Black History Month is the perfect time to learn about the unspoken heroes and innovators that are not routinely discussed ever.
For 42 years, mathematician Gladys West worked at the naval base in Dahlgren, Virginia, as part of the team that developed the Global Positioning System (GPS) in the 1950s and 1960s, according to the Stamford Advocate. Most people didn't know of the 87-year-old's barrier-breaking achievements.
West's work is becoming better known thanks to Gwen James.
James learned of West's work while at an Alpha Kappa Alpha sorority function, where a line in West's bio mentioned her calculations helped create the GPS. The two had been friends for 15 years, and the news shocked James to learn her sister had a hand in creating something so historic.
“GPS has changed the lives of everyone forever,” James said. “There is not a segment of this global society — military, auto industry, cell phone industry, social media, parents, NASA, etc. — that does not utilize the Global Positioning System.”
Once she found out about West's contributions, James made it her mission to spread the word about this hidden figure.
West's career started in 1956, when she was the second black woman hired at the Dahlgren base. She was one of four black employees, one of whom, Ira, would later become her husband.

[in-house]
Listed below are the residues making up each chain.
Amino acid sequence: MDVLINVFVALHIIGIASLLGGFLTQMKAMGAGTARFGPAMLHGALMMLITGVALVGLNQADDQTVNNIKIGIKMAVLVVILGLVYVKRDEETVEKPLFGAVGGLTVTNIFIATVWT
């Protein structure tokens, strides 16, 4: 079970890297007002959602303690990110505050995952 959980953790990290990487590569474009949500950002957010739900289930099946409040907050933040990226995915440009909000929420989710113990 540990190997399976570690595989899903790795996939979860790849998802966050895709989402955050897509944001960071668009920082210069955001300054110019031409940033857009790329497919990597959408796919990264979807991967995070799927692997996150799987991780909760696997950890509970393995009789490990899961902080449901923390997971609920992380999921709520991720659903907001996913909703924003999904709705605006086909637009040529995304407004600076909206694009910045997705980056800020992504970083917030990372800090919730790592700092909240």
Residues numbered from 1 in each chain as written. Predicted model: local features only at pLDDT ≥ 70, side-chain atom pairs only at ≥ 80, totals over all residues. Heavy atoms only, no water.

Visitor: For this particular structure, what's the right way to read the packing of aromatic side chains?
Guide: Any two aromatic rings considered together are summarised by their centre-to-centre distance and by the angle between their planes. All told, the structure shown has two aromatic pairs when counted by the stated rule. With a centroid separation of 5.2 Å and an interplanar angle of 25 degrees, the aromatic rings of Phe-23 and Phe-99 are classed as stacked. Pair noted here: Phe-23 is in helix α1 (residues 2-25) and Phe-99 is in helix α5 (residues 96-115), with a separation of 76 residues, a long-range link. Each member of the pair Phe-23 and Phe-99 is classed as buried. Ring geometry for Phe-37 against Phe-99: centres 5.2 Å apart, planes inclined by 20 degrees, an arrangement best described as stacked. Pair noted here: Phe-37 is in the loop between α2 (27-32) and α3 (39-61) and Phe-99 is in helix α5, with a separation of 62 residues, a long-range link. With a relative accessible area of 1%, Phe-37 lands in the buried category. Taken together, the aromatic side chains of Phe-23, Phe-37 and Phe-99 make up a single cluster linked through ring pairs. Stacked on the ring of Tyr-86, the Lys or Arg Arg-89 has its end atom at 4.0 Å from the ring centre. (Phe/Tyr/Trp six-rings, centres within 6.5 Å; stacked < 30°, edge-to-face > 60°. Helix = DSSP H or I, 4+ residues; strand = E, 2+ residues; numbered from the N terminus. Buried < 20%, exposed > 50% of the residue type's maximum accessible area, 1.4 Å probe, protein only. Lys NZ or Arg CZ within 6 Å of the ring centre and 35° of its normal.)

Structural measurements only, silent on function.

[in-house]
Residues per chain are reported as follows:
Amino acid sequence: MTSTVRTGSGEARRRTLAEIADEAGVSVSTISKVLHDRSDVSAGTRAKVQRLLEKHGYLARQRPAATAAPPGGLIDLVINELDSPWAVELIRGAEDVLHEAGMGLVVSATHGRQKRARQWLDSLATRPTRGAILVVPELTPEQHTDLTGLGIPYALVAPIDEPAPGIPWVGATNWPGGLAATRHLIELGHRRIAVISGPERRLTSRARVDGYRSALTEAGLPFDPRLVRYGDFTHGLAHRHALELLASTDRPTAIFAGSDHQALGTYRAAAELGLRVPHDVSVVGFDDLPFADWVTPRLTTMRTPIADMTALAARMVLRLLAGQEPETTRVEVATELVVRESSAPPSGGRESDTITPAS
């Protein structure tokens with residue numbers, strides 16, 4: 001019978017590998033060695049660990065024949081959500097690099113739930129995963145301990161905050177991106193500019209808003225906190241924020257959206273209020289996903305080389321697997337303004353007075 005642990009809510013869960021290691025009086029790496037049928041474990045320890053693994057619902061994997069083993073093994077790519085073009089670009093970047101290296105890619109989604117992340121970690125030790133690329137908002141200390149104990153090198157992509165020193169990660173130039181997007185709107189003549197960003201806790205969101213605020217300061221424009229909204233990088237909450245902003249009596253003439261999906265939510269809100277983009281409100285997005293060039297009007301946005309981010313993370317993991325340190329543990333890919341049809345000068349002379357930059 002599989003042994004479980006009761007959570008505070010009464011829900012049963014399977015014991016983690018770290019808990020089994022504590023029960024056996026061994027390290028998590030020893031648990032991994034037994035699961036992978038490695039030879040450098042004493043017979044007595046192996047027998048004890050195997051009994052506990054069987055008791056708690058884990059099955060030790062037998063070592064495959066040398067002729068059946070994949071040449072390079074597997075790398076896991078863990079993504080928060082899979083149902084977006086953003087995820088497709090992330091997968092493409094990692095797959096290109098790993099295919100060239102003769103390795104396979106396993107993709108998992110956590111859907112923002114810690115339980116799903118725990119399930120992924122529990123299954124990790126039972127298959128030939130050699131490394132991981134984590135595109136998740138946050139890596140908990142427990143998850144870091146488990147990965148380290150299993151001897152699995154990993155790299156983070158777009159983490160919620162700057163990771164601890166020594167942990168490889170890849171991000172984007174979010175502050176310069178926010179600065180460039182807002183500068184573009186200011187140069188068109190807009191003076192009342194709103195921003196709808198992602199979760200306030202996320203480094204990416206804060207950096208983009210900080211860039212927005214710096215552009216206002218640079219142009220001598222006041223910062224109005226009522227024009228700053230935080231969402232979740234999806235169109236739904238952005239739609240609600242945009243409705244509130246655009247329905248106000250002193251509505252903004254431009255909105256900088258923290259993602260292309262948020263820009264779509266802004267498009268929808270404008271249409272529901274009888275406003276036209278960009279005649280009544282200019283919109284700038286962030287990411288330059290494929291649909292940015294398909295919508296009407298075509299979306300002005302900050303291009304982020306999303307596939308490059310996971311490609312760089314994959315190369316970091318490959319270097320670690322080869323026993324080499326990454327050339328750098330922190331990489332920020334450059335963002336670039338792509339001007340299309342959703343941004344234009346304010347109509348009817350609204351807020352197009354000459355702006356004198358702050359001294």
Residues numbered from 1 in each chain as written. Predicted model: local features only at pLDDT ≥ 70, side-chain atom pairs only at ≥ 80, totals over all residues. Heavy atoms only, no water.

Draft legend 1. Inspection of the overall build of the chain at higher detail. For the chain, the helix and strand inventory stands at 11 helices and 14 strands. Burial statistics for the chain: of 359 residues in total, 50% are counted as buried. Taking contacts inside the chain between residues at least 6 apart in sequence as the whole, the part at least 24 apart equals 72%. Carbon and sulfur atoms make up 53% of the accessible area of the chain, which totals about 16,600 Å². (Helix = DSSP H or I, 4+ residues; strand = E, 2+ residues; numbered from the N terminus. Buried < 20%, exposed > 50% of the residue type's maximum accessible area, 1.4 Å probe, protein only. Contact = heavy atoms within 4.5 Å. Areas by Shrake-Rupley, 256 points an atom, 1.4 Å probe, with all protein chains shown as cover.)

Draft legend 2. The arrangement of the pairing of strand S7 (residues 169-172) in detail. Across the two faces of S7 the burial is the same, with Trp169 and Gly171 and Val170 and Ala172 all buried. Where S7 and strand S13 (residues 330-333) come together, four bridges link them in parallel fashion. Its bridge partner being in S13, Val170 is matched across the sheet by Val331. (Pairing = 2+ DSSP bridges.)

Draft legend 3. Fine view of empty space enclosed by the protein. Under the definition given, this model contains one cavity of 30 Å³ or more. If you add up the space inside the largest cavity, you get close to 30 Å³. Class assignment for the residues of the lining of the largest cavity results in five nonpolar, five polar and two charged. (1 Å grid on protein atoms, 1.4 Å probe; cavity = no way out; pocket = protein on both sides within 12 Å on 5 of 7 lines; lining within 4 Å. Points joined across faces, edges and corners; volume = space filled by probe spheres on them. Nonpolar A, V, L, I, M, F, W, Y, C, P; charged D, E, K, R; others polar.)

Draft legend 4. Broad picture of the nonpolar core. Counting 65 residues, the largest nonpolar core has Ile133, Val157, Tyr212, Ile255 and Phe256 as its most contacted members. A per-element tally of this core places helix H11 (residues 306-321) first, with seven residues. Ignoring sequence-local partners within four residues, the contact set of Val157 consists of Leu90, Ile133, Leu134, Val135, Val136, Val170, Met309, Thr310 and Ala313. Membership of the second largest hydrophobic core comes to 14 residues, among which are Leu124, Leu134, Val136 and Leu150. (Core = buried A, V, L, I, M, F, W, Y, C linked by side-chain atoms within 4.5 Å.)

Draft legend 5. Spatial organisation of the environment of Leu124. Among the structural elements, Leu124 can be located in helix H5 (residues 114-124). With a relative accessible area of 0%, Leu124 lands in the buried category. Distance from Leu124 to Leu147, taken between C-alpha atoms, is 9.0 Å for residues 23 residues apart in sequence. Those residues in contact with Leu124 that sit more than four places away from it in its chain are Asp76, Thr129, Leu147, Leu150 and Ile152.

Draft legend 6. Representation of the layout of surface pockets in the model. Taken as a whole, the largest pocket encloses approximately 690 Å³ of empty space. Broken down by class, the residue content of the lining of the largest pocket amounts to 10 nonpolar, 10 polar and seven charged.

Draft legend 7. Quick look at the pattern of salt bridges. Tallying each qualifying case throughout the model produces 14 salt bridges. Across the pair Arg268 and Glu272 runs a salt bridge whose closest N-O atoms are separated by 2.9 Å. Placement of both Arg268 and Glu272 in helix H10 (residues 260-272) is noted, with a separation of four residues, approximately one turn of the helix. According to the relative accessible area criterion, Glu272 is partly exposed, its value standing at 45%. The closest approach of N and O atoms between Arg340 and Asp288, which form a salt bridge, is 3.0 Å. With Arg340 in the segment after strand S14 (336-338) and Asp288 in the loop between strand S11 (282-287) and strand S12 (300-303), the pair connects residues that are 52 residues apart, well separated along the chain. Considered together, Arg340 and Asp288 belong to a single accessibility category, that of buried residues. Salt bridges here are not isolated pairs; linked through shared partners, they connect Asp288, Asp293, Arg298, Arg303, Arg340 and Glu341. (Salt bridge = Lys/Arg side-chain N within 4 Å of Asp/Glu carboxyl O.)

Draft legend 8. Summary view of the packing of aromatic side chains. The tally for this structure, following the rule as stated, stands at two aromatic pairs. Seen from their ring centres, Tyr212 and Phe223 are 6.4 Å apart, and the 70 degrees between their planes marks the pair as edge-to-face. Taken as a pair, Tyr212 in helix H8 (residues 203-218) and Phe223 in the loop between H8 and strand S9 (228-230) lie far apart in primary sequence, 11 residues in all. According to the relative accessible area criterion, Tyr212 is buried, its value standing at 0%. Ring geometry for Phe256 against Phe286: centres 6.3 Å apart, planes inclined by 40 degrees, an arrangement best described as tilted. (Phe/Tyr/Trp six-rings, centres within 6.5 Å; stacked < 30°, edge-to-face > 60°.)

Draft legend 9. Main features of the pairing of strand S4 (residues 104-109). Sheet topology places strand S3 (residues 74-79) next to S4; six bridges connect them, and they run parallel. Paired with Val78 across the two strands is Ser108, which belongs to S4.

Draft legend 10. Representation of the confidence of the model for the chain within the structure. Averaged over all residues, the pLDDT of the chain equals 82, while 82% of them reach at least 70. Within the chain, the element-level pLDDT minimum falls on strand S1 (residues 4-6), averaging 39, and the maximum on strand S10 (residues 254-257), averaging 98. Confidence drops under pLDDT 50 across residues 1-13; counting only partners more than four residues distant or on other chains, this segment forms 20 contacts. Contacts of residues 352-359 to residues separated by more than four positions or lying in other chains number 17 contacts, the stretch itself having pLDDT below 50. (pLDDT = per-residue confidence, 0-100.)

West worked with giant supercomputers that filled the room. She gathered location data from orbiting machines, working with early computer software to analyze surface elevations. She filled her days and nights with countless equations.
It was long, hard, complex work. But West says she "was ecstatic. I was able to come from Dinwiddie County and be able to work with some of the greatest scientists working on these projects."
She was so ecstatic that she put in extra hours — so many that she cut her team's processing time in half, saving taxpayers thousands of dollars. Her supervisor, Ralph Neiman, noticed her diligence and recommended her for a commendation in 1979.
"This involved planning and executing several highly complex computer algorithms which have to analyze an enormous amount of data," Neiman wrote then. "You have used your knowledge of computer applications to accomplish this in an efficient and timely manner."
What she helped to create isn't lost on her, but West still finds it hard to fathom how ubiquitous her technology has become.
“When you’re working every day, you’re not thinking, ‘What impact is this going to have on the world?’ You’re thinking, ‘I’ve got to get this right,’” West said.
And though West has GPS devices like the rest of us, she still trusts her brain above all, plotting her trips using math and a paper map.
"I asked her why she didn't just use the Garmin [GPS] since she knows the equations that she helped write are correct," her oldest daughter, Carolyn Oglesby, said. "She says the data points could be wrong or outdated so she has to have that map."